Don’t generate more than you can triage. Here’s my story and it’s a cautionary tale. Okay, so you go and discover you can generate hundreds (or, yes, thousands) of images. Start it up before bed time and come back in the morning and flip through all of these amazing images. Which, maybe 10% or less are actually amazing, right? That’s a good run. 400 images and 40 are keepers. The rest: gobbly-gook hands or twisted bodies or strange crops or just plain no-no-no no-no-no. Well, I screwed up. I said: I’ll delete that other 90% later. Let’s generate another 400. And another 400. And so on. Days. Weeks. Months. Then I spent one thankless day deleting 20,000 images. Now, I had been deleting some up before that, but I had accumulated debt. And I wanted to get organized, but before I could do that: 20,000 images had to go. One by friggin’ one. Learn from me. Don’t accumulate that debt. Whether it’s pulling out the good or deleting the bad, do it right after the set has been generated. Your future self will thank you.

You get to know what a model generates by default. This is important to realize that your artist(s) don’t affect the image output of the model. Skip that artist.

Embeddings — textual inversions — are awesome. There are some that represent style (like and some that represent a subject (like one I trained on imaging myself). Embeddings are good to use to shake-out your models, too. I discovered some models were resistant to making images of myself or other embeddings and that means there are strictly trained to produce a particular set of faces. That’s boring to me. I don’t want to be limited by such models. Delete. If you have a collection of embeddings, put them into a wildcard file and then set off a big batch pulling that embedding (one or more) and see what you get generated.

And while can be great in creating block print almost vector-like art, it can also be used in more photorealistic images: can create well crafted realistic images, too.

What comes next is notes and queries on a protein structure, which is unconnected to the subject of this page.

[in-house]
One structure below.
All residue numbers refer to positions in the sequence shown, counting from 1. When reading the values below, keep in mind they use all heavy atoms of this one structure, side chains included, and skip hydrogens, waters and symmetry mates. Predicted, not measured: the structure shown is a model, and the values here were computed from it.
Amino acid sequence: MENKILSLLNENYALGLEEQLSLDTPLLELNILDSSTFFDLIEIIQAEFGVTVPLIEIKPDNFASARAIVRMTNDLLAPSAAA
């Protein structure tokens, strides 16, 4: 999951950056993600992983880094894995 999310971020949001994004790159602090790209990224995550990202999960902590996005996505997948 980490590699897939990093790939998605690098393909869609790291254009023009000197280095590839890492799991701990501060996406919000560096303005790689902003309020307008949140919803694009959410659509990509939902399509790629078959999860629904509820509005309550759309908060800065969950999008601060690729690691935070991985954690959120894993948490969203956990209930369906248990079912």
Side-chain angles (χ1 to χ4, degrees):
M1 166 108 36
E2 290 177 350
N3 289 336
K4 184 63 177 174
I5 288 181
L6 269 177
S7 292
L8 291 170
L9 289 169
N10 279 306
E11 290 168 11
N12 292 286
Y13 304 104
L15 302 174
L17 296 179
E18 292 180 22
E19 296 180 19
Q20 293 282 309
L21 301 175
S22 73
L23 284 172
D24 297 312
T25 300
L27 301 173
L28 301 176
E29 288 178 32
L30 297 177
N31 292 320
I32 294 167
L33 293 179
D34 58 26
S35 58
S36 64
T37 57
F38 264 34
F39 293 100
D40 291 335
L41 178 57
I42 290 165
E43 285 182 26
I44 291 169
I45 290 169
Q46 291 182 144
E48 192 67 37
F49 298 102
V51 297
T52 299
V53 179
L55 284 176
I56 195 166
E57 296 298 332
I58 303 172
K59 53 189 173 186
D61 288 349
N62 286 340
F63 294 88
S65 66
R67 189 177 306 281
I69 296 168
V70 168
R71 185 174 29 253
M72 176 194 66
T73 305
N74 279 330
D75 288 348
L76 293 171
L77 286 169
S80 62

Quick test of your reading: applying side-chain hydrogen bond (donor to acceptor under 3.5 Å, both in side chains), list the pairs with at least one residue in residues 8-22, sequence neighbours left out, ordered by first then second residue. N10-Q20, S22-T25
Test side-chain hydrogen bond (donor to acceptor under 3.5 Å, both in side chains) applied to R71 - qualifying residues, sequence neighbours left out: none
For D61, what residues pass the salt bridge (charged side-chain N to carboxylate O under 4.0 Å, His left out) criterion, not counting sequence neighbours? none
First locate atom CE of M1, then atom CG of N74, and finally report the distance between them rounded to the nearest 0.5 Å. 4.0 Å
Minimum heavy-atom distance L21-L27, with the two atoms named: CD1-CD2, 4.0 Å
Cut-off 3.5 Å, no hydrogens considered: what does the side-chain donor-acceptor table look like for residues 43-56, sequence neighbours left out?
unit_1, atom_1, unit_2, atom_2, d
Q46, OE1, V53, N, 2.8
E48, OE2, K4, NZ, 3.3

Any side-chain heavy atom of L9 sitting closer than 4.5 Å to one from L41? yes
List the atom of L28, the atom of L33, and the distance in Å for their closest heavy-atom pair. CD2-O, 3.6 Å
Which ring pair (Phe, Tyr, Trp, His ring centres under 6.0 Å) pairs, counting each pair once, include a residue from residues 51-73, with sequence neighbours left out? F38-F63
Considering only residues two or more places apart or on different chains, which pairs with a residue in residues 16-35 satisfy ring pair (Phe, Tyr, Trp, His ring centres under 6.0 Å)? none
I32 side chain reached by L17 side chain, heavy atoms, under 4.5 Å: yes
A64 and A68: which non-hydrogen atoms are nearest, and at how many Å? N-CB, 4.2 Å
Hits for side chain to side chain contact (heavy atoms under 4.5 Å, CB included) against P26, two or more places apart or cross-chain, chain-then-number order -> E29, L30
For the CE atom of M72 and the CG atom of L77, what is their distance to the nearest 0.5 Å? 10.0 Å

My images’ aspect ratio can change things radically. So, for better or for worst, I generate aspect ratios that are compatible with Instagram. I feel like I’m wasting my time posting there sometimes, but post there I do. For me, that means three aspect ratios: portrait (768x616), square (768x768), or landscape (512x976). I got tired of the portrait ratio images I was generating looking like trading cards from Magic the Gathering… and not the good ones. It just looked like the main character standing there. It didn’t seem dramatic or story-like. I tried square ratio and that was about the same. My perception is that when I went to landscape ratio that it really opened up and I felt more of a story, more of a sense of place in the images being generated. You should experiment for yourself and see what you think.

Some examples using the same wildcard prompt run, just changing the resolution / ratio:

Portrait Ratio
Square Ratio
Landscape Ratio

…and yes, after you get past a certain resolution you suffer from twinning: multiple instances of the same face. You can go with the low-res fix to upscale a smaller image or do other upscaling magic later. I just suffer through deleting a bunch of twins in order to get a small percent that are fantastic and higher resolution.

If you’re using a tool, be sure to re-read it’s documentation from time to time. I recently re-read the Wiki / documentation for Automatic1111 and found I understood a lot more than when I started, plus learned about new things that popped in that everyone else seemed to be using but I had missed. For instance, the BREAK keyword to pad out your current concept token set and make a clean break for the next token set. If you use long big prompts like me, give it try and see if you see something different.

Something else I missed out on in Automatic1111? The UniPC sampler — I’ve come to love the UniPC sampler! I know it’s supposed to be like others but for me it generates interesting looking images rather quickly with a low number of steps. I compare this to when I use Euler A which I bump up to 150 steps. Now, I love UniPC but then, after a week of using it straight, I went back to Euler A at 150 steps and, whoo, it does look a whole lot better. Maybe not as rich in content, but it looks great. So, there’s a tradeoff here and there.

I’ve learned to be willing to kill my darlings. By that: my favorite prompt structure, keywords, artists, the whole sh-bang. The whole reason I started with wildcards was to shake things up. Maybe hang out on CivitAI and look at all the prompts people are providing in their sample images. Or read through the abundant documentation people are providing (I just read through the RPG model’s cookbook recently and I recommend it).

  • CivitAI: Civitai images.
  • Mage Space: Mage 🧙 | Explore
  • Lexica: Lexica — doesn’t look as amazing as when Stable Diffusion first hit the scene but you can see get some prompt ideas.

One More Prompt

So I bounced around reading and examining pictures and bits and pieces of their prompts and I put together one more run before getting this published. I liked the results — the people in the images looked very detailed and while not overly photorealistic still nicely done. Well, of course there are a few horrors here and there of melded bodies.

We’re all used to that. Here is the full prompt (all parameters) and then we’ll review: